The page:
The pharmaceutical industry has the reputation of being resistant to change. The prevailing wisdom is that drug companies are unwilling to invest in unproven manufacturing technologies because of the high cost of validating them.

And, although the pandemic has seen more firms adopt innovative systems, “investing at risk” is still a new idea for most companies involved in drug production.

The contract manufacturing sector is the exception. A successful CDMO is one that can complete multiple customer projects quickly and for the right price. As a result, contractors have always invested in innovative methodologies to keep pace with evolving demand.

This trend is accelerating, according to ABI Research analyst Michael Larner, who authored a report on the CDMO sector’s digital transformation. He says CDMOs are investing in digital technologies because to work with multiple customers more effectively.

“Like in the electronics markets, contract drug manufacturers have a key role when it comes to bringing products to market,” he explains. One of the biggest challenges for these types of manufacturers is re-configuring the production line from one client to another. And also introducing continuous manufacturing rather than spending time switching from one batch to another.”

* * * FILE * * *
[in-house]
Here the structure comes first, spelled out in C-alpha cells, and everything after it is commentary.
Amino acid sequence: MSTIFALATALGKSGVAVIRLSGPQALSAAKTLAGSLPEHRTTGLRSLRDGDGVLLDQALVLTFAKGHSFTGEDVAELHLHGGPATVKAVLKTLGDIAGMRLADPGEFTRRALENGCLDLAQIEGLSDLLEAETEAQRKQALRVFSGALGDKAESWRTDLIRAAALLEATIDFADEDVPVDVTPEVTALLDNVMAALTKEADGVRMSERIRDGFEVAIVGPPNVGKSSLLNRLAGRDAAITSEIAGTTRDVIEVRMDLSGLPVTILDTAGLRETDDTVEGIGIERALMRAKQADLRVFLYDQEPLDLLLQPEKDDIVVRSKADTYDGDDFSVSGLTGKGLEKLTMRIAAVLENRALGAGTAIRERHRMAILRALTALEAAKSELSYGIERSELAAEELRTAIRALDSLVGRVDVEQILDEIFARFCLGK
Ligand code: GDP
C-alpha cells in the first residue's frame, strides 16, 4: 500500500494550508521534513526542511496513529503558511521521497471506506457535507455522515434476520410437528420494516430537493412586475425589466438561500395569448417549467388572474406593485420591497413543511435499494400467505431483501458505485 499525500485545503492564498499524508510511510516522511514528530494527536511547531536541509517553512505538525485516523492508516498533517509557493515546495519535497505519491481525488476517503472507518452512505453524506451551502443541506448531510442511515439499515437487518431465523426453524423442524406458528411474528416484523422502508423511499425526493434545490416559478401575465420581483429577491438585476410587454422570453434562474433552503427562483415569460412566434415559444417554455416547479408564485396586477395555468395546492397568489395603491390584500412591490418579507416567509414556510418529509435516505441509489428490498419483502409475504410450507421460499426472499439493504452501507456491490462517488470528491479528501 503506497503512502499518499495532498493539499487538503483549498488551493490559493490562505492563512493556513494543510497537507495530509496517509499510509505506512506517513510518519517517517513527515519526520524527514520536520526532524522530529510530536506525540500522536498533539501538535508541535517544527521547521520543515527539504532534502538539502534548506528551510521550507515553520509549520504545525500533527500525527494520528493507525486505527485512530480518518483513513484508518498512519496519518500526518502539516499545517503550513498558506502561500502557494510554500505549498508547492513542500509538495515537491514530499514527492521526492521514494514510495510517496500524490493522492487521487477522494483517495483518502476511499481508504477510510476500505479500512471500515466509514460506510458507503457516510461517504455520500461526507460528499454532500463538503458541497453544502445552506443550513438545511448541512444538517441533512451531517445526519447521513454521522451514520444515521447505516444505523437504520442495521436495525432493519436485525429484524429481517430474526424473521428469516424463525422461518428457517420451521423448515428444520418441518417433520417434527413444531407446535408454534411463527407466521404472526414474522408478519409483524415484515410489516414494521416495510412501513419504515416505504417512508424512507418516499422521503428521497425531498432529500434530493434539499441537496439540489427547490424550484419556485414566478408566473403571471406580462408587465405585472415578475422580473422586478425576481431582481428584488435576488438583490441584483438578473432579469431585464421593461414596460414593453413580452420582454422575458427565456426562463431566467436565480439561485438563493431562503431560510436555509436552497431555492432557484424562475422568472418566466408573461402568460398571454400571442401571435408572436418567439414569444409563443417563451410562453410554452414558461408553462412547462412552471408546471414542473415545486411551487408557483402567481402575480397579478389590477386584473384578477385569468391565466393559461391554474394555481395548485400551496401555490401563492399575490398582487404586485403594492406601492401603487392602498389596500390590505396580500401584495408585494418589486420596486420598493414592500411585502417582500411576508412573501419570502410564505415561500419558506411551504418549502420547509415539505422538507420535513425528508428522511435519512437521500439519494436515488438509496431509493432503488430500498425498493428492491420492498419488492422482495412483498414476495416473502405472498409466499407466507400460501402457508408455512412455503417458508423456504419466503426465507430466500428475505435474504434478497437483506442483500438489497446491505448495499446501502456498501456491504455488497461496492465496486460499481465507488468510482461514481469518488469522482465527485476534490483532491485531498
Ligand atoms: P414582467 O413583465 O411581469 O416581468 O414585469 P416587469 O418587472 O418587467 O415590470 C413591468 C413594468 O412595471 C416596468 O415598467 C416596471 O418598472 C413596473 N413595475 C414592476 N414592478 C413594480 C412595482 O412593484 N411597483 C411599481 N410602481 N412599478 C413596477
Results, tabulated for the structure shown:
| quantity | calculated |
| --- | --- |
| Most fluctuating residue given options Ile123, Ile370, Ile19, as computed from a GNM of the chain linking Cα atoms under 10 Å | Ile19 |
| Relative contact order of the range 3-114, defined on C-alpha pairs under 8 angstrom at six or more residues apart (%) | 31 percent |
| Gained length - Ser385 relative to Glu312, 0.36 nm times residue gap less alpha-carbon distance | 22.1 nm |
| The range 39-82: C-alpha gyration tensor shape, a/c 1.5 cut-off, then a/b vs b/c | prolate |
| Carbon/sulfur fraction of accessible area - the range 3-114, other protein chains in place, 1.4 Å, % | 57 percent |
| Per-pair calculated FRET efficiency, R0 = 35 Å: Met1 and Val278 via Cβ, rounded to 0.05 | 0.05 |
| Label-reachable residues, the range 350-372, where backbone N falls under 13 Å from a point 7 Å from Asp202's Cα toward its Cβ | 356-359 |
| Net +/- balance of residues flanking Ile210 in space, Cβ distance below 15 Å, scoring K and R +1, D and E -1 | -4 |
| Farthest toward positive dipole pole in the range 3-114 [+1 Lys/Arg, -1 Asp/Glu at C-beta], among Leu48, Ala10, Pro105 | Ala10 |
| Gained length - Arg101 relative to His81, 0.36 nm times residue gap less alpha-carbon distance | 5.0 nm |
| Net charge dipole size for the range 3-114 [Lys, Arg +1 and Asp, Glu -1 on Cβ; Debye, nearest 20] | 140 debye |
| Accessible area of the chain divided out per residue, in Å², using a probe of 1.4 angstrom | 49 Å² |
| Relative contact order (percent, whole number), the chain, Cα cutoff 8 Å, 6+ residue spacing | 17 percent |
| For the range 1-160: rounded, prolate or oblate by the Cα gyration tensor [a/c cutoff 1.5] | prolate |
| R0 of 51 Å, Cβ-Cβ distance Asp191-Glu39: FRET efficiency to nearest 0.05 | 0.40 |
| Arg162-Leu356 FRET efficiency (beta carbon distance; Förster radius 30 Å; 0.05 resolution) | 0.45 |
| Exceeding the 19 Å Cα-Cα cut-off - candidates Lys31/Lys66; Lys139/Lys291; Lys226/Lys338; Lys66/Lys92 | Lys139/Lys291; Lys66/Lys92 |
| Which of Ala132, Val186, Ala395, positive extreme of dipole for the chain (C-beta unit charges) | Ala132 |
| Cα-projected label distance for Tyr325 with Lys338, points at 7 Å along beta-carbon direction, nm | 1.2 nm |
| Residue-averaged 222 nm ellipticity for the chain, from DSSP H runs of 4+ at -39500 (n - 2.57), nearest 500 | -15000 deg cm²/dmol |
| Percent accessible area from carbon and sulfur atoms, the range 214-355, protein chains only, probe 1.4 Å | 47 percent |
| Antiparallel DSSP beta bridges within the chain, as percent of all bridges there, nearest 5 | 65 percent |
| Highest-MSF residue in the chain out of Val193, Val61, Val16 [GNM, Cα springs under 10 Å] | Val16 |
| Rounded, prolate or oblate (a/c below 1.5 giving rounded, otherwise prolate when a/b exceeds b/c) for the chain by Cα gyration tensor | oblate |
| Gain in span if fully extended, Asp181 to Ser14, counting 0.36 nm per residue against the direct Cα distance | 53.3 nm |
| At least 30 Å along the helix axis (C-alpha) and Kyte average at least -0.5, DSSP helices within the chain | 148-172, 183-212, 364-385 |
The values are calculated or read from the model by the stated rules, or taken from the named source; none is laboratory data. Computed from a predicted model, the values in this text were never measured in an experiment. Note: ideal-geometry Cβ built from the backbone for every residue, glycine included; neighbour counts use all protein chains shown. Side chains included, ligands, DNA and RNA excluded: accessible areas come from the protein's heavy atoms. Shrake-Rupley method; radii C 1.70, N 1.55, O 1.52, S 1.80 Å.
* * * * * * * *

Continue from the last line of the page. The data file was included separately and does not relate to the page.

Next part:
Larner says although current cGMP regulations require that manufacturers have well-documented SOPs, many still collect and store data on paper, which increases the likelihood errors are made.

“As a result there is a growing need for contract manufacturers to create digital threads tying together all the information relating to a drug from the lab, to the production line, supply chain and patient,” he tells GEN.

The need to keep track of multiple manufacturing projects is particularly important for CDMOs that are involved in the production of personalized medicines, according to Larner.

“Pharmaceutical firms will be able to create drugs and medicines that are a tailored to the individual’s needs” he continues. “This development will require manufacturers to convert production lines to a more individualized process driving investments in production planning and recalibrating the machinery on the shop floor.”

Fighting fakes and hackers

Digital technologies also have a role to play in helping CDMOs and their customers secure supply chains and manufacturing operations. Larner points out that regulators, governments, and patients need to trust the quality, efficacy, and authenticity of the drugs and vaccines being produced, which means any contract manufacturers involved must protect their operations.

“There is a need to eliminate counterfeit drugs from the supply chain before they reach patients is a critical priority. The Drug Supply Chain Security Act (DSCSA) focuses on improving transparency in drug supply chain,” he continues. “Allied to the previous point, computer viruses are mutating, and contract manufacturers need to invest in security software to shore up their networks.”

Larner maintains that cross industry collaboration will help CDMOs and the biopharmaceutical industry make the best use of digital manufacturing technologies, from both a product quality and data management standpoint.

“BioPhorum is the best example of industry wide collaboration between manufacturers and technology suppliers,” he says. “The BioPhorum digital maturity model helps both parties to understand the types of investments required to move from a pre-digital to fully adaptive plant.”

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